A Report by James A. Parrott and George Sweeting, City of New York Affairs, The New School, January 11, 2024.*
Posted by David Badertscher
“The past four years not only brought unprecedented economic upheaval to New York City and state related to the pandemic and its aftermath, but also a resumption of stark polarization in the well-being of New York’s population. New York’s employment recovery is incomplete, and while job growth is likely to remain moderate in 2024, the economic outlook for the year ahead has brightened considerably in recent weeks, as inflation has continued to cool and projections for a recession in 2024 have faded. For the state and city government, the improved economic outlook bodes well for revenue collections. The migrant influx and the winding down of federal pandemic fiscal relief pose significant, but not insurmountable, fiscal challenges.
2024 is a year of reckoning for New York City and New York State. It is a time to come to grips with the uneven and incomplete pandemic recovery, and also a time for the State to join the City in mapping out a coordinated response to the migrant crisis. It is not a time for austerity but a time for facing and addressing problems, and for the State to use its considerable fiscal resources (much of which have been generated by the city’s economic might) to shoulder more of the resulting fiscal burden.
The State should use a portion of its considerable $22 billion in budget reserves to increase financial aid to the City of New York, and some should be used to respond to rising poverty and economic hardships, both of which otherwise will undermine the state’s long-term economic performance. The State needs to craft better policies to improve the grossly inadequate compensation for the growing number of health care and social assistance workers whose pay is largely determined by New York State and local governments.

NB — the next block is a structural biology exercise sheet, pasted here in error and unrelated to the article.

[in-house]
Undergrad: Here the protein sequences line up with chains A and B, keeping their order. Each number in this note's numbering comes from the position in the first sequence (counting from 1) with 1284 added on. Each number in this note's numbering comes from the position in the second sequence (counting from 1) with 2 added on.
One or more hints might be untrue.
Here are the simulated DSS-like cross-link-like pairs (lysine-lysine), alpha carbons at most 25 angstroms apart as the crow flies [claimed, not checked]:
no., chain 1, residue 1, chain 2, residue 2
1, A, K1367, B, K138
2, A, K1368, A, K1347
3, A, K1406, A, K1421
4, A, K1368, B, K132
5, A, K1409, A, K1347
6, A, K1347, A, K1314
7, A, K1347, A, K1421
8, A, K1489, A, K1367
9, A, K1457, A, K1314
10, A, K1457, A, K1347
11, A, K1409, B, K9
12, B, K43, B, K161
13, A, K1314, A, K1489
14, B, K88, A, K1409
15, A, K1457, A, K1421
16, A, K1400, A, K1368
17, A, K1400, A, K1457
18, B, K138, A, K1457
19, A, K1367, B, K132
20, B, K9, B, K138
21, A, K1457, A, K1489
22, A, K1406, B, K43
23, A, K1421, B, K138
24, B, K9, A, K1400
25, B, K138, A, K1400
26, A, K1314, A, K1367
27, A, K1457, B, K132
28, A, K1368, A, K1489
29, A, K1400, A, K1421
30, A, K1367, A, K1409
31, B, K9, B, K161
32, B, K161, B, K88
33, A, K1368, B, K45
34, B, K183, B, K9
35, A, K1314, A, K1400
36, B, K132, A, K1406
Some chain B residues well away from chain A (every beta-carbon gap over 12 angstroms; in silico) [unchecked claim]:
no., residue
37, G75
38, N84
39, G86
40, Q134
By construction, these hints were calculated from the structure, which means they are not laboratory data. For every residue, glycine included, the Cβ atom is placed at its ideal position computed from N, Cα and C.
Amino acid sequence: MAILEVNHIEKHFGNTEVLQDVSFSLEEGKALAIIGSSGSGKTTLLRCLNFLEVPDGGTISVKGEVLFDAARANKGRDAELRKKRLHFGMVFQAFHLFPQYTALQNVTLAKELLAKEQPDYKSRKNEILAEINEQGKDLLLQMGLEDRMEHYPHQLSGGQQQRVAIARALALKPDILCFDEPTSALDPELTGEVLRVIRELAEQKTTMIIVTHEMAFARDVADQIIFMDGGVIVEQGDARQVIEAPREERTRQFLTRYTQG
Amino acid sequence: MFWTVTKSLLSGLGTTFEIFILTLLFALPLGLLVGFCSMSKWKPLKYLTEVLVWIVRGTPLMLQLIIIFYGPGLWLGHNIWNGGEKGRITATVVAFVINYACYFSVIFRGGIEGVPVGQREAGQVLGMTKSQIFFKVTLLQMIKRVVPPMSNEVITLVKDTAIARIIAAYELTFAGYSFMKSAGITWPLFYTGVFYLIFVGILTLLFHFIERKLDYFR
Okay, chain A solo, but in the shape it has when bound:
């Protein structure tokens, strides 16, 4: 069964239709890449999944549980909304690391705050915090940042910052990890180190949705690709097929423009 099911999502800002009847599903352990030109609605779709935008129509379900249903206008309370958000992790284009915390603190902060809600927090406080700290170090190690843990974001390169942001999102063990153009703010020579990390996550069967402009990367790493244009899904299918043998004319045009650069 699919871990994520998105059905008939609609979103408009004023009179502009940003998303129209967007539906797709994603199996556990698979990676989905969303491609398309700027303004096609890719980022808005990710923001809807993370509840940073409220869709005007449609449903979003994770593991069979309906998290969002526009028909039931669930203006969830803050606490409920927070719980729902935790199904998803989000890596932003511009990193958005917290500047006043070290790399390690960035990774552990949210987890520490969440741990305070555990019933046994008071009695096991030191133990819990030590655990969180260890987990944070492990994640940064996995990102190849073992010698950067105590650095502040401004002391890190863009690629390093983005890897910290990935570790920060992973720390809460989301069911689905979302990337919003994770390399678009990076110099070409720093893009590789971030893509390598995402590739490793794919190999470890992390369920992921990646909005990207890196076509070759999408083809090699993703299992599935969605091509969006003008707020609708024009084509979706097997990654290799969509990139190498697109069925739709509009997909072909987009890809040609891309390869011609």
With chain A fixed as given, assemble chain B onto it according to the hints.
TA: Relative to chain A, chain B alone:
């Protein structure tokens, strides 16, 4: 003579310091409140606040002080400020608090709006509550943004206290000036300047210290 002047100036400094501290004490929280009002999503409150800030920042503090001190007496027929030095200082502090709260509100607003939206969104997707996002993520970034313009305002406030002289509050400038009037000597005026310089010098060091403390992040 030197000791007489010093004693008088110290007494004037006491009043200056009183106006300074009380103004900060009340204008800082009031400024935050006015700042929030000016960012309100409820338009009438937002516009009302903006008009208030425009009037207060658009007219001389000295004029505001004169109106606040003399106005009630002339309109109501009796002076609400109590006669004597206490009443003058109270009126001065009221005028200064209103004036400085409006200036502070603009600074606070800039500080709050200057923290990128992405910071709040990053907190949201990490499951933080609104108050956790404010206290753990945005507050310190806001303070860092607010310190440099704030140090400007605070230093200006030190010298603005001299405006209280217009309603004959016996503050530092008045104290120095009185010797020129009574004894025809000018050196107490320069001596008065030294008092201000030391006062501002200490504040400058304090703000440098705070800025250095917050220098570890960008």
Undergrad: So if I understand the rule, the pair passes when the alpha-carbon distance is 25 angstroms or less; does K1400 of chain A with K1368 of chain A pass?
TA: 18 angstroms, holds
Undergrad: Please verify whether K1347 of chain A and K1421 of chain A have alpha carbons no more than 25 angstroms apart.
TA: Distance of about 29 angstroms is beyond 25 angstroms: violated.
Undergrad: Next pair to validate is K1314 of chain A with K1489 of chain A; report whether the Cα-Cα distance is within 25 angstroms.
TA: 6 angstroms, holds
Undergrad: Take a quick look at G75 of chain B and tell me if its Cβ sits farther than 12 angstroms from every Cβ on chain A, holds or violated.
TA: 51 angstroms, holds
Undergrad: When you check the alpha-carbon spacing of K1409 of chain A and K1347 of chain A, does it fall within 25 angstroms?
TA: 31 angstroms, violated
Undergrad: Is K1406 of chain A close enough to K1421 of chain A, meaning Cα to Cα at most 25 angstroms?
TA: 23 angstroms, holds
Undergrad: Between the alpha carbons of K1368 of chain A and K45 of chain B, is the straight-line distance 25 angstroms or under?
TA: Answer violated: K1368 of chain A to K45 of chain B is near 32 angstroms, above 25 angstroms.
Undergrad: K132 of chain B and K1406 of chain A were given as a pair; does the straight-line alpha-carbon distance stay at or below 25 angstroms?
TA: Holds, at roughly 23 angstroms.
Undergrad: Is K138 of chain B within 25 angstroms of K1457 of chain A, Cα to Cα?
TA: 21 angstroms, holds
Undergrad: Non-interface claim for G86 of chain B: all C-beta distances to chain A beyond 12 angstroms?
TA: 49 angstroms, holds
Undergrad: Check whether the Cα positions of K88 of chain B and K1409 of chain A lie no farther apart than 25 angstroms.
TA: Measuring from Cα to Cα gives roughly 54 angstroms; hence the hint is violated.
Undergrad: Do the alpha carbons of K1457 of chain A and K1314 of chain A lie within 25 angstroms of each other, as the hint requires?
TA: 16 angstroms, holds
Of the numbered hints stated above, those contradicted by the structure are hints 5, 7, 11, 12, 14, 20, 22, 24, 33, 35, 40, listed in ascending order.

The City should also consider equitably fair proposals to raise additional revenues to moderate severe budget pressures, as it did in the early 1990s and in the wake of 9/11″
This Report is divided into a series of sections, each with supporting data. The first section introduces the topic. It provides an overall discussion of ” unprecedented economic upheaval to New York City and state related to the pandemic and its aftermath, a resumption of stark polarization in the well-being of New York’s population”, and sets forth the rationale for creating and publishing New York’s Economic and Budget Outlook: Post Pandemic Reckoning for the City and State. “The next section summarizes the dual economic status of the state and city at the end of 2023. It reviews data showing how New York’s lagging employment recovery from the pandemic affects those in the bottom half of the income distribution, while also discussing how the State’s economic strength in high-paying industries has lifted State revenue growth. The following section turns to the 2024 city and state economic and revenue outlook. Attention then shifts to the budget front, with discussions of the New York City fiscal situation and the recently proposed budget cuts. The next section discusses why, contrastingly, the State budget is in much better shape and in a position to provide more assistance to New York City. Recognizing that additional resources beyond increased State aid are warranted to avert damaging budget cuts, the final section discusses three areas where, provided State approval is affirmed, New York City could reasonably seek additional revenues. ”
*About the authors
James A. Parrott is Director of Economic and Fiscal Policies at the Center for New York City
Affairs at The New School.
George Sweeting is Senior Fellow for Fiscal Policy at the Center for New York City Affairs.
We would like to acknowledge contributions from Lauren Melodia, Lina Moe, Prisca Agombe,
Robert Noble, and Nishka Shah of the Economic and Fiscal Policies staff. We thank Bruce Cory
for editing the report, Isabella Wang for design and website support, Nishka Shah for preparing
the charts and layout, and Kristin Morse and Seth Moncrease for general support. We gratefully
acknowledge the funding support for this report provided by the Robin Hood Foundation, the
JPMorgan Chase Foundation, the New York Workforce Funders, and the New York Community